Outcomes from out-of-hospital cardiac arrest in Detroit

Department of Emergency Medicine, Wayne State University, Detroit, Michigan, United States
Resuscitation (Impact Factor: 4.17). 02/2007; 72(1):59-65. DOI: 10.1016/j.resuscitation.2006.04.017
Source: PubMed


To determine the out-of-hospital cardiac arrest survival rate, and prevalence of modifiable factors associated with survival, in Detroit, Michigan, over a 6-month period of time in 2002.
A retrospective review of all out-of-hospital cardiac arrests responded to by the Detroit Fire Department, Division of Emergency Medical Services. All elements of the EMS runsheet were transcribed to a database for analysis. Patient hospital records were reviewed to determine survival to hospital admission. All survivors to hospital admission were surveyed later in the Michigan Department of Vital Records death registry search.
During this study timeframe, there were 538 confirmed out-of-hospital cardiac arrests within the City of Detroit, of which 67 were excluded for being dead on scene [51 (12.5%)] or having no available hospital records [16 (3.0%)]. Of the remaining 471 patients, 443 (94.1%) died before hospital admission. Only 44 (9.9%) of the 471 patients had a first recorded rhythm of ventricular fibrillation (VF), and 339 (76.5%) were asystolic. Of the 28 patients who survived to hospital admission, only 2 (7.1%) were noted to have a first rhythm of VF, and 15 (53.6%) were asystolic. Only one patient survived to hospital discharge.
In this urban setting, out-of-hospital cardiac arrest is an almost uniformly fatal event.

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Available from: Robert D Welch, Feb 11, 2014
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    • "In the United States, more than 166,000 patients experience an OHCA annually [15] and approximately 60% are treated by emergency medical services. OHCA survival to hospital discharge range from 0.3% in Detroit [16] to 20.4% in Slovenia [17].Five clinical criteria to predict survival from OHCA [18] have recently been reported. They are: cardiac arrest witnessed by a bystander, arrest witnessed by emergency medical personnel, provision of bystander CPR, shockable cardiac rhythm, and return of spontaneous circulation (ROSC) in the field. "
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    • "Despite major attempts to improve the chain of survival, survival rates for OHCA remain the same at 7.6% for over 30 years [4]. Average rates of survival to hospital discharge are as low as 0.3% in some communities [5,6] and depend strongly not only on the time to initiation of chest compressions but also on the time until defibrillation and the underlying rhythm [3]. While the first two factors can be influenced, they cannot be performed simultaneously. "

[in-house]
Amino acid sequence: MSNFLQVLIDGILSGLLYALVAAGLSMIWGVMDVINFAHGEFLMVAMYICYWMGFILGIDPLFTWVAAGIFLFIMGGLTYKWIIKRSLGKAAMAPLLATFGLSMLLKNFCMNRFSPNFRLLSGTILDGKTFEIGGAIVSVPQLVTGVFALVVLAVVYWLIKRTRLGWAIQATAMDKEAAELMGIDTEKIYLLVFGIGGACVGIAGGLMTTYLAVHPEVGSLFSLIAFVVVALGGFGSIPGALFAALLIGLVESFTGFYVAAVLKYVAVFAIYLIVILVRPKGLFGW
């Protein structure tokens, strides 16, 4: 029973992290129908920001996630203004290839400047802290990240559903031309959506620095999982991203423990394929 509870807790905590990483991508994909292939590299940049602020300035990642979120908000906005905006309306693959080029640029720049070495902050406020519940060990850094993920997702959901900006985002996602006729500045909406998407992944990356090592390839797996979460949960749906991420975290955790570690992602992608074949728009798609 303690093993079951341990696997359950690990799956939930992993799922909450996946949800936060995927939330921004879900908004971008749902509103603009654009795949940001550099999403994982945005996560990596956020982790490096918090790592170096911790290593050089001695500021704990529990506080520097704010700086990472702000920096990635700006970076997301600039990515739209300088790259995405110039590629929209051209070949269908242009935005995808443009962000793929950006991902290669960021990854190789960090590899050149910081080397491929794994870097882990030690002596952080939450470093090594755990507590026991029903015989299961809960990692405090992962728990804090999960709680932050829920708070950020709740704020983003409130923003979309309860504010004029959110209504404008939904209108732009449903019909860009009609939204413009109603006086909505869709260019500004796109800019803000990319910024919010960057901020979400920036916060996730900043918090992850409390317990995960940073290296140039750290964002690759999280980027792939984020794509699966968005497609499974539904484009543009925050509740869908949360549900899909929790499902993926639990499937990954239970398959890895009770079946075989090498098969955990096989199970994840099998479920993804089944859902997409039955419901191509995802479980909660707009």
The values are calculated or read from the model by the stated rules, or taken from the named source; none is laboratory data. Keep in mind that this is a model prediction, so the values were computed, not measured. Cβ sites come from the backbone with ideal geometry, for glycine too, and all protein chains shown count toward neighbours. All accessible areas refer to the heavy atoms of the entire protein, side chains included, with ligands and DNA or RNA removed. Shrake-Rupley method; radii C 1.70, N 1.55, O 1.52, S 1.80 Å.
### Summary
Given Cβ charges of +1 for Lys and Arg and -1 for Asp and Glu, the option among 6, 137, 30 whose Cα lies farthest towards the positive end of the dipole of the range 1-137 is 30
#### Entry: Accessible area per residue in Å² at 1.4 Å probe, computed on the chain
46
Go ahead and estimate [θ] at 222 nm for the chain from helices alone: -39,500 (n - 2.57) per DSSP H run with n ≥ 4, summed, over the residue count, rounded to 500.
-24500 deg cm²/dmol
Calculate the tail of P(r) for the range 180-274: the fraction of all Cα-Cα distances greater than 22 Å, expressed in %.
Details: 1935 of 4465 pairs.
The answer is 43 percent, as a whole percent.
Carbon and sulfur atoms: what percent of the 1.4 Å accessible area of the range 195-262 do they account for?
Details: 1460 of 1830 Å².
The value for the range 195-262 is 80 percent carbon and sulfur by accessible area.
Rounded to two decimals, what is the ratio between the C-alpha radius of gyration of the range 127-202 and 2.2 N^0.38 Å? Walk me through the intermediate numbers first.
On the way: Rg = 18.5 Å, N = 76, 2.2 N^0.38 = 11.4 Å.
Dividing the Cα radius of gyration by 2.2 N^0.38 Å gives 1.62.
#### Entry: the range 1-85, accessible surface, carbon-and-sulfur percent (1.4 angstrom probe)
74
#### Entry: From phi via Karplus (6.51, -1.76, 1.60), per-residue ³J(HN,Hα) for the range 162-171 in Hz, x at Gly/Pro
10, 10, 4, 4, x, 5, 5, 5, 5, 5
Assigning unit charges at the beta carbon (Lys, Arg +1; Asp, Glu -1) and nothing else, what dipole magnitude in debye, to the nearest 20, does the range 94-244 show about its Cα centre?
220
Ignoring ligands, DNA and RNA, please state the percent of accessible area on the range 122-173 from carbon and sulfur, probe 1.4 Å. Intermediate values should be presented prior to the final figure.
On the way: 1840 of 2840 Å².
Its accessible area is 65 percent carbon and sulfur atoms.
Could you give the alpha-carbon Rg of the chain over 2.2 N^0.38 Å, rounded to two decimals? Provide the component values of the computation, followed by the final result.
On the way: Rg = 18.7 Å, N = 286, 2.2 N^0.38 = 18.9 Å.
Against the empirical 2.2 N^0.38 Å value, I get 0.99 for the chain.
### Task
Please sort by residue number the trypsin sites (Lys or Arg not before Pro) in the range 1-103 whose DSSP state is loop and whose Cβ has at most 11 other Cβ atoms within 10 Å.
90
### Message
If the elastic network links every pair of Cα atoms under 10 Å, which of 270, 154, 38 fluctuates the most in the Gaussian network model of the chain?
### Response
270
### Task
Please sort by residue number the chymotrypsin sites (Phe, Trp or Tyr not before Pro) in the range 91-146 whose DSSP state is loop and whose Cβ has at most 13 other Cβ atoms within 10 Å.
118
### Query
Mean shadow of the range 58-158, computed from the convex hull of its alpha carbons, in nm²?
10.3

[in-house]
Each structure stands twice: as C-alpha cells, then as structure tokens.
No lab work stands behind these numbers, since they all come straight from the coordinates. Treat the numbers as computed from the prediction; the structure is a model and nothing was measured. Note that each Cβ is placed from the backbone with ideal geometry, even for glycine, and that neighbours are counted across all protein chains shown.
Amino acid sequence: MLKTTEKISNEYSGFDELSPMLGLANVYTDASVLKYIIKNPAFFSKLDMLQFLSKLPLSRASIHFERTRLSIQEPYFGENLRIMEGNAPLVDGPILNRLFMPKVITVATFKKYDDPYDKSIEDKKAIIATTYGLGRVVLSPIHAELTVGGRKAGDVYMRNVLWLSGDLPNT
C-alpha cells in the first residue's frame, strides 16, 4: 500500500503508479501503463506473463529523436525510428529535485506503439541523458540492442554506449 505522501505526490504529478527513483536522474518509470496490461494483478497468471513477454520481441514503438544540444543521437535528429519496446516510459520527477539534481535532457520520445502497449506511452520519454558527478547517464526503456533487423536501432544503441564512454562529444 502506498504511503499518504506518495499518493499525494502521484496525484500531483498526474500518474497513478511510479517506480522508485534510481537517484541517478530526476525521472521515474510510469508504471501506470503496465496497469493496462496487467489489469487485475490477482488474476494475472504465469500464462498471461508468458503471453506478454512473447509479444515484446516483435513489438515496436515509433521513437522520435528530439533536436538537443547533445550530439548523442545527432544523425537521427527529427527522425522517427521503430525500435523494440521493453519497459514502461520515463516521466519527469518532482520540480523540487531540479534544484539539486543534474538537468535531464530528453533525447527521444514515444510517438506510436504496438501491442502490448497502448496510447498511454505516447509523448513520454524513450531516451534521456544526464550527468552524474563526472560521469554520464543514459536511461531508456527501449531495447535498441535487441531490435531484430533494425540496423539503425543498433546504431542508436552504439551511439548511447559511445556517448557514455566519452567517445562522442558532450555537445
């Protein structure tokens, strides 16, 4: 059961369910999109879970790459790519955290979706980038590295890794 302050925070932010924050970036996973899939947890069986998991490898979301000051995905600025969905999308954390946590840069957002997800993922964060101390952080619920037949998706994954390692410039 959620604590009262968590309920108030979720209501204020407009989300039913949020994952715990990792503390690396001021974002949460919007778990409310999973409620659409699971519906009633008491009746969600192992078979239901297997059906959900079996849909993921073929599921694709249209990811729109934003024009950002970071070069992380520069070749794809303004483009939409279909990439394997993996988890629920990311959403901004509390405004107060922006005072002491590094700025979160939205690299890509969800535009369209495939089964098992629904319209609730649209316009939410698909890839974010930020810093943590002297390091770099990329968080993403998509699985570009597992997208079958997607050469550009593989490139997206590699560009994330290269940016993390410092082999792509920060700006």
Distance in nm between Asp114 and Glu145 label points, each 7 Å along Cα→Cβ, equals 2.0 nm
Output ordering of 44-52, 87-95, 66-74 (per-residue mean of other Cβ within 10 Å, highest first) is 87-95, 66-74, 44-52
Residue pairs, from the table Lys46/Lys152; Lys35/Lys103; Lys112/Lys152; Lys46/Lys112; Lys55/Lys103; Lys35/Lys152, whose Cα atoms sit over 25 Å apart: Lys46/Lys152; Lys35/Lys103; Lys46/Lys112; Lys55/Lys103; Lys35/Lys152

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    ABSTRACT: Current 2005 guidelines for advanced cardiac life support strongly recommend immediate defibrillation for out-of-hospital cardiac arrest. However, findings from experimental and clinical studies have indicated a potential advantage of pretreatment with chest compression-only cardiopulmonary resuscitation (CPR) prior to defibrillation in improving outcomes. The aim of this meta-analysis is to evaluate the beneficial effect of chest compression-first versus defibrillation-first on survival in patients with out-of-hospital cardiac arrest. Main outcome measures were survival to hospital discharge (primary endpoint), return of spontaneous circulation (ROSC), neurologic outcome and long-term survival. Randomized, controlled clinical trials that were published between January 1, 1950, and June 19, 2010, were identified by a computerized search using SCOPUS, MEDLINE, BIOS, EMBASE, the Cochrane Central Register of Controlled Trials, International Pharmaceutical Abstracts database, and Web of Science and supplemented by conference proceedings. Random effects models were used to calculate pooled odds ratios (ORs). A subgroup analysis was conducted to explore the effects of response interval greater than 5 min on outcomes. A total of four trials enrolling 1503 subjects were integrated into this analysis. No difference was found between chest compression-first versus defibrillation-first in the rate of return of spontaneous circulation (OR 1.01 [0.82-1.26]; P = 0.979), survival to hospital discharge (OR 1.10 [0.70-1.70]; P = 0.686) or favorable neurologic outcomes (OR 1.02 [0.31-3.38]; P = 0.979). For 1-year survival, however, the OR point estimates favored chest compression first (OR 1.38 [0.95-2.02]; P = 0.092) but the 95% CI crossed 1.0, suggesting insufficient estimate precision. Similarly, for cases with prolonged response times (> 5 min) point estimates pointed toward superiority of chest compression first (OR 1.45 [0.66-3.20]; P = 0.353), but the 95% CI again crossed 1.0. Current evidence does not support the notion that chest compression first prior to defibrillation improves the outcome of patients in out-of-hospital cardiac arrest. It appears that both treatments are equivalent. However, subgroup analyses indicate that chest compression first may be beneficial for cardiac arrests with a prolonged response time.